Meeting dates: 16-17 November in DC, and the 15th for new Board members.  Suggested spring meeting dates 7 and 8 May.  Climate change science program office is one possibility for an agency meeting, also DOE Office of Science, Fish and Wildlife Service, USGS, TNC, etc. Next year’s annual meeting in San Jose, CA, 4-10 August. 

100th year (2015) anniversary preparations: Historical Records Committee is being involved, encourages archiving of Society records.  What can we and others learn from our history? The contributions of individuals coming up with important ideas from their familiarity with natural history is one important theme – how can we ensure that this will continue? And what is the future role of big science projects?  Will its budgets create problems for funding smaller-scale research?  Don Shure played an important role at the 75th annual meeting, and should be contacted regarding the 100th.  A showcase exhibit on Capitol Hill and for the media would be appropriate.  Last year Nadine presented a history of the Public Affairs Office; perhaps other VPs could work on similar summaries. Perhaps we could collaborate with other agencies to highlight previous efforts such as the International Geophysical Union.  Maybe try for a postage stamp? Society for Environmental History might be interested in collaborating (Nancy Langston at Wisconsin might be a contact; headquarters is in Durham). 

Steering committee for the southeast Regional Knowledge Partnership will meet in early November.  Members include:  Michael Binford, University of Florida, Gainesville, FL; Norman Christensen, Duke University, Durham, NC; Alan P. Covich, University of Georgia, Athens, GA; Virginia Dale, Oak Ridge National Laboratory, TN; Dr. Frank S. Gilliam, Marshall University Huntington, WV; Margaret D. Lowman, New University of Florida, Sarasota, FL; Jerry Melillo, The Ecosystems Center, Marine Biological Laboratory, Woods Hole, MA; Robert R. Twilley, Louisiana State University, Baton Rouge, LA; Peter S. White, University of North Carolina, Raleigh, NC.  An outreach effort will be an important component. 

EcoSummit: This will be the third one, the first in China.  The Asian Section will play an important role.  Elsevier is sponsoring it, Ecological Society of China has taken a major role (e.g., in terms of financial risk).  Our role is to serve on the Program Committee and help (through our membership) suggest symposia, and help organize/award student funding.  Several Board members will attend the summit.  In addition, Katherine McCarter and Sue Silver will exhibit at the meeting and publicize ESA’s journals.  Editor of Ecological Complexity, Bai-Lian (Larry) Li, is the point person for Elsevier.  They may publish a set of symposium volumes from the meeting.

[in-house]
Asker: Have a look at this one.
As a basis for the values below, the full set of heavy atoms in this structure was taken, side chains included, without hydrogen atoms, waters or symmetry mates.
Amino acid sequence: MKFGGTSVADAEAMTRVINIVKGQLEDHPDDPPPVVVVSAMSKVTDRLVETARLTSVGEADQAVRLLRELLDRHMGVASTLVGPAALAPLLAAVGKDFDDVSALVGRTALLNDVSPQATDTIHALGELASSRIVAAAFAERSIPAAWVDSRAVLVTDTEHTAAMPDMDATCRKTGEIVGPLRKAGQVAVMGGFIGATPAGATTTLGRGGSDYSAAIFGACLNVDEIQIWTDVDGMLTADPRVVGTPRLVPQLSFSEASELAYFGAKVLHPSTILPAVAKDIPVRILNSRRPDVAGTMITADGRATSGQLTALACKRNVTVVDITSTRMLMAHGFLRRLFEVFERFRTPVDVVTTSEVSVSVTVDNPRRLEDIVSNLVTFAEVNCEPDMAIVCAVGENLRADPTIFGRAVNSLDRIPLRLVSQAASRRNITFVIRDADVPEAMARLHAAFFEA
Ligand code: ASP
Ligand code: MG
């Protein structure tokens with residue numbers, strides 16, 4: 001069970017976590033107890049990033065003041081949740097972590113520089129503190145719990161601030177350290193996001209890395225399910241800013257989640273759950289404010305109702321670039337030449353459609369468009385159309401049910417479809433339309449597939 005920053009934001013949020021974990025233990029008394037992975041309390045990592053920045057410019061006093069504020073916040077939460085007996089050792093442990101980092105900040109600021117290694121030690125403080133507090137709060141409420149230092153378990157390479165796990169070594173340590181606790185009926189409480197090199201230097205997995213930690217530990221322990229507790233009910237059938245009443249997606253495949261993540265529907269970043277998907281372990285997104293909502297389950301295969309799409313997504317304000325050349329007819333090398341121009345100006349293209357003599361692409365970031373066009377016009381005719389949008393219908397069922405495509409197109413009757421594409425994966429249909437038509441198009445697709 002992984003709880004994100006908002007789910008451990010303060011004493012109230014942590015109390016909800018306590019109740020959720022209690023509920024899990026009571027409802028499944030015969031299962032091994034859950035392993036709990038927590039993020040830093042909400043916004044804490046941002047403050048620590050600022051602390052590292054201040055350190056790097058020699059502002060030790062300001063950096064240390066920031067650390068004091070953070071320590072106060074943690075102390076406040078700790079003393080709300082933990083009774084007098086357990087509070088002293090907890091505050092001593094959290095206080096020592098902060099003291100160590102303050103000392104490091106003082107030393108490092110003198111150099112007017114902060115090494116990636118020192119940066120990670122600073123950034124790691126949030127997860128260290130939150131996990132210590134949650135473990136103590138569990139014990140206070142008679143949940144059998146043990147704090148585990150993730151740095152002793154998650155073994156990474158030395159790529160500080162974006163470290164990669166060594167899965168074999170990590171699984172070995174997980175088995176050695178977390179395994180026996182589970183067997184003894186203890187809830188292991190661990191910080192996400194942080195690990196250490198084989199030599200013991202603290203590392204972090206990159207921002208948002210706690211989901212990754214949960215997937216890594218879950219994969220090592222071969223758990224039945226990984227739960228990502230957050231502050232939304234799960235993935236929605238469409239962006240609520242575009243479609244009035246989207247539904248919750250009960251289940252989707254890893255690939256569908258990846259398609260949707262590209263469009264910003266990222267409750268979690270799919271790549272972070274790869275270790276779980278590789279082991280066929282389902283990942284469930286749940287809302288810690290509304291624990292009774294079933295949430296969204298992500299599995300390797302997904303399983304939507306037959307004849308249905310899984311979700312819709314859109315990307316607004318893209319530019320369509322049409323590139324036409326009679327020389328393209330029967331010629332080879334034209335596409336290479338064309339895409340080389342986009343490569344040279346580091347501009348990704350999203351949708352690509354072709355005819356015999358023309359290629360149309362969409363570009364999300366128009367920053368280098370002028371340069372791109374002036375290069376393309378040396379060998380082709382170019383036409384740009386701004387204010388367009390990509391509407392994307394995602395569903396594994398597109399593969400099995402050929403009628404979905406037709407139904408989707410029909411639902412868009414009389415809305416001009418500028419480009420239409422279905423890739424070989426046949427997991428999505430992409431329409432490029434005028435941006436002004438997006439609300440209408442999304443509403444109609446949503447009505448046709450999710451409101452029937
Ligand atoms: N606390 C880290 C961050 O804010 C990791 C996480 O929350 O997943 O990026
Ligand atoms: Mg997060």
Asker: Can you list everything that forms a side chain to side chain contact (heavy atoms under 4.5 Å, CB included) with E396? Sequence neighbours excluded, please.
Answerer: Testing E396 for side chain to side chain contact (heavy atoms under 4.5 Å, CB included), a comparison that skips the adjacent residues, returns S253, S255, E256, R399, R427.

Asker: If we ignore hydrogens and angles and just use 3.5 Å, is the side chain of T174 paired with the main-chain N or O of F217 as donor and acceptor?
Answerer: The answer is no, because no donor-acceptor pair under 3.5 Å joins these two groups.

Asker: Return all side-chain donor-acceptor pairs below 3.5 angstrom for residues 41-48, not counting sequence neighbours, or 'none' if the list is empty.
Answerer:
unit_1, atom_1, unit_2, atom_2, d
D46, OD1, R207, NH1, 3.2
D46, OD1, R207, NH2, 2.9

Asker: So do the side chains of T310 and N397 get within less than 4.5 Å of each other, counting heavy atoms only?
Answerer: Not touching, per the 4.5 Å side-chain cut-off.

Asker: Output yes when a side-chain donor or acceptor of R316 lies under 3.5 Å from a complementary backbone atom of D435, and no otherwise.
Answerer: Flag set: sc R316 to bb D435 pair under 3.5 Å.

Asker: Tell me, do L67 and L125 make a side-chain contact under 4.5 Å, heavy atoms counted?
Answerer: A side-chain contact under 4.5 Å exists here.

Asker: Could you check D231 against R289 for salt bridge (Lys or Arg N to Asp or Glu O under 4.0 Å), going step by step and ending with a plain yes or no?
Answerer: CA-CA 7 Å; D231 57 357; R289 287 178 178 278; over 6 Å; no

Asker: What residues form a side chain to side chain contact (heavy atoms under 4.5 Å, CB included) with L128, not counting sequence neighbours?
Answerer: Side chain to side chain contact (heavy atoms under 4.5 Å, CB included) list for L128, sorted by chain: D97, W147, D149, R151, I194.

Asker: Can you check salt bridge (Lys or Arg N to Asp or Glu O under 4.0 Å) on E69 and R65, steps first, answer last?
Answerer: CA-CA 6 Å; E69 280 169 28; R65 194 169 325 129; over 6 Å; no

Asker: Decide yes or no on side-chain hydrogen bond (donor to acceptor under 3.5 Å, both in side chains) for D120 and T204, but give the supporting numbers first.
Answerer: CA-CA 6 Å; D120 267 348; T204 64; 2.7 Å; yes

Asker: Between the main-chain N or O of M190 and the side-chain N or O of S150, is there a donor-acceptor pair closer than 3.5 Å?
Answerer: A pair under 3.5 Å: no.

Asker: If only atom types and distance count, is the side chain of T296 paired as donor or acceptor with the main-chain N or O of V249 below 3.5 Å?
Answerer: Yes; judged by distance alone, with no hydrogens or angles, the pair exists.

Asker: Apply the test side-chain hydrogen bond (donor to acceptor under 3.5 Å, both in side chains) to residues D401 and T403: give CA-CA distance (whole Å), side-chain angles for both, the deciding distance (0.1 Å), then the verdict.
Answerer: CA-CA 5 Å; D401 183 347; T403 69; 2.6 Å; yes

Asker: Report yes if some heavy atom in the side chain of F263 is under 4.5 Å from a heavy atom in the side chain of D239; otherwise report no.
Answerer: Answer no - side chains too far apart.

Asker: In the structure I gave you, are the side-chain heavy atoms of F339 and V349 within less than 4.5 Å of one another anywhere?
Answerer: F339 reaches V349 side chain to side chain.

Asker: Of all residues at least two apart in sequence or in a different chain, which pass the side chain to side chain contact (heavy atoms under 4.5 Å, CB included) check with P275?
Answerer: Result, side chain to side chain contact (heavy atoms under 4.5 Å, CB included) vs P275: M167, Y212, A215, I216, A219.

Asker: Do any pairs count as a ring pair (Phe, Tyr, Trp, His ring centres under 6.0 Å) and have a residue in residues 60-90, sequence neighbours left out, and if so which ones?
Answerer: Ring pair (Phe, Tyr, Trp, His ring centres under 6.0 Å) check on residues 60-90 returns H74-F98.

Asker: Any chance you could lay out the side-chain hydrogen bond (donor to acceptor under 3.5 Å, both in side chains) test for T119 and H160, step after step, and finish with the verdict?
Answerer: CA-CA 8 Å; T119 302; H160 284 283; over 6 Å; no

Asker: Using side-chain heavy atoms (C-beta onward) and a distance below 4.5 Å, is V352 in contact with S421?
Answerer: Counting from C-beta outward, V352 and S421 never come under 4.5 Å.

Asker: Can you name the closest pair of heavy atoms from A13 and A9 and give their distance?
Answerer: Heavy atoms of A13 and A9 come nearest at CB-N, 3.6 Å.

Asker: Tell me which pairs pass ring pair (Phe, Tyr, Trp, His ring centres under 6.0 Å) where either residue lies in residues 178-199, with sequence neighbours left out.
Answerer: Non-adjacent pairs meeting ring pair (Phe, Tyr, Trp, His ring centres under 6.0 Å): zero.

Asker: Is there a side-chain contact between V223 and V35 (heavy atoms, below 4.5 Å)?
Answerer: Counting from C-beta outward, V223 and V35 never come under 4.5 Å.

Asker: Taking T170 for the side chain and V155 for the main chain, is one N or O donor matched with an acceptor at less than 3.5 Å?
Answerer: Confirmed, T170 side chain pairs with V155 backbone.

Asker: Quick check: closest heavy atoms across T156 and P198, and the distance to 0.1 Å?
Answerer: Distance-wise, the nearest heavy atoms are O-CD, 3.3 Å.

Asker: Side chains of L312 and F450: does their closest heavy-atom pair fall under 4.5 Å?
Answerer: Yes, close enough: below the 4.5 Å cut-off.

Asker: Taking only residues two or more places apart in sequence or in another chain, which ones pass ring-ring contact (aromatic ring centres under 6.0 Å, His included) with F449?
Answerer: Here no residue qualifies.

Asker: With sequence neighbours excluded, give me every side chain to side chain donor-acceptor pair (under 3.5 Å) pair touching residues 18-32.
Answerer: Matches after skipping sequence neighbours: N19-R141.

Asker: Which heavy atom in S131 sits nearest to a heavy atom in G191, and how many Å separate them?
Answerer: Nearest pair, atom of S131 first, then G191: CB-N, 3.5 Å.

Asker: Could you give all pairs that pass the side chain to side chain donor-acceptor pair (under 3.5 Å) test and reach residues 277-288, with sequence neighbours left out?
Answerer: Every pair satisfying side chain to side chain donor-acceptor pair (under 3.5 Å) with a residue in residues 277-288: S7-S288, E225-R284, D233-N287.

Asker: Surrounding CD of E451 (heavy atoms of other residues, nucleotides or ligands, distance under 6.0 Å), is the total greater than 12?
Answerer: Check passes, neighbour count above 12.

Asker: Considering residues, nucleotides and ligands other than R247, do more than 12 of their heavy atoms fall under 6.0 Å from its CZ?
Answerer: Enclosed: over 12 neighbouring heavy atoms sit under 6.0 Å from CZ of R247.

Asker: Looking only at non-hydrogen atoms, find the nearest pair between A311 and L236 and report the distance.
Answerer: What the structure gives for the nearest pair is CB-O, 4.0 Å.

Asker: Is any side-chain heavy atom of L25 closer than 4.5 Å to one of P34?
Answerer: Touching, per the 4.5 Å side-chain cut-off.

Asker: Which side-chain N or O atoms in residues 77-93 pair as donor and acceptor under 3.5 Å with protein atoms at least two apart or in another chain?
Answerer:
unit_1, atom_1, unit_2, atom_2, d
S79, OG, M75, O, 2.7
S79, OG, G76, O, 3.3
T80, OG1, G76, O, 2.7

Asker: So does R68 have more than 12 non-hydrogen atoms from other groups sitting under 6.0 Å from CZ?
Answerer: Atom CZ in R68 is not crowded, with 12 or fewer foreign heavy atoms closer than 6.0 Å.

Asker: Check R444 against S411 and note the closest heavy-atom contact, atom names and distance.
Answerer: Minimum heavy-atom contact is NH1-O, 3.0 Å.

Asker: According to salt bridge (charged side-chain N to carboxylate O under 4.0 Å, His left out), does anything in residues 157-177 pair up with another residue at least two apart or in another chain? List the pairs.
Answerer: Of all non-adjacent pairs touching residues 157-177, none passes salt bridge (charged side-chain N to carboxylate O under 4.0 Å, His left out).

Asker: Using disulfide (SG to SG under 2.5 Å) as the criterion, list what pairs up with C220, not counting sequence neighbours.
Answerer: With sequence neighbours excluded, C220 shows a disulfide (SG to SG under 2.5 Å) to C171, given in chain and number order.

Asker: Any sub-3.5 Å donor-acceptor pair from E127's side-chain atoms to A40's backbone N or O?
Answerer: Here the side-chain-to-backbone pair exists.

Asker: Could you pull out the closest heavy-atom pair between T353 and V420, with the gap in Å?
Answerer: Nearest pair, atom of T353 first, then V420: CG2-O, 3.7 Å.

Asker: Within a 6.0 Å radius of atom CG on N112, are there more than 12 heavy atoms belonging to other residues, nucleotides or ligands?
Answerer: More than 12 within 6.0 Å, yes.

1. Audit Committee

 This group reviews the audit, and participates in a conference call with the Auditors.  Norm Christensen was appointed to the committee.

Meeting feedback.  Some donors to funds other than Millennium Fund were unhappy because they weren’t invited to a reception and didn’t get DONOR tags for their name tags.  Some postdocs and recently appointed faculty members asked for graded registration fees (similar to membership fees).  Maybe a young-scientist network would be a good idea.  The student section activities attracted a lot of participants and went well, although there were some complaints about the student mixer (expensive, not enough food). SEEDS went well; Nancy encouraged Board members to participate in the Diversity Mixer.  Katherine encouraged more Board members to attend the Bagels with the Board breakfast in the future.  The public outreach session (community presentation) on Wednesday evening featured Ann Bartuska talking at the Anointed Temple of Praise; a mixed success due to a conflict at the church (a service that evening).  Press Office report:  The reporter from Nature was busy sending out reports, and about 15 other media representatives were present.  Ecological Society of Mexico will have their first meeting in November; Rich Pouyat will attend as they are hoping to establish a public affairs committee modeled after ours.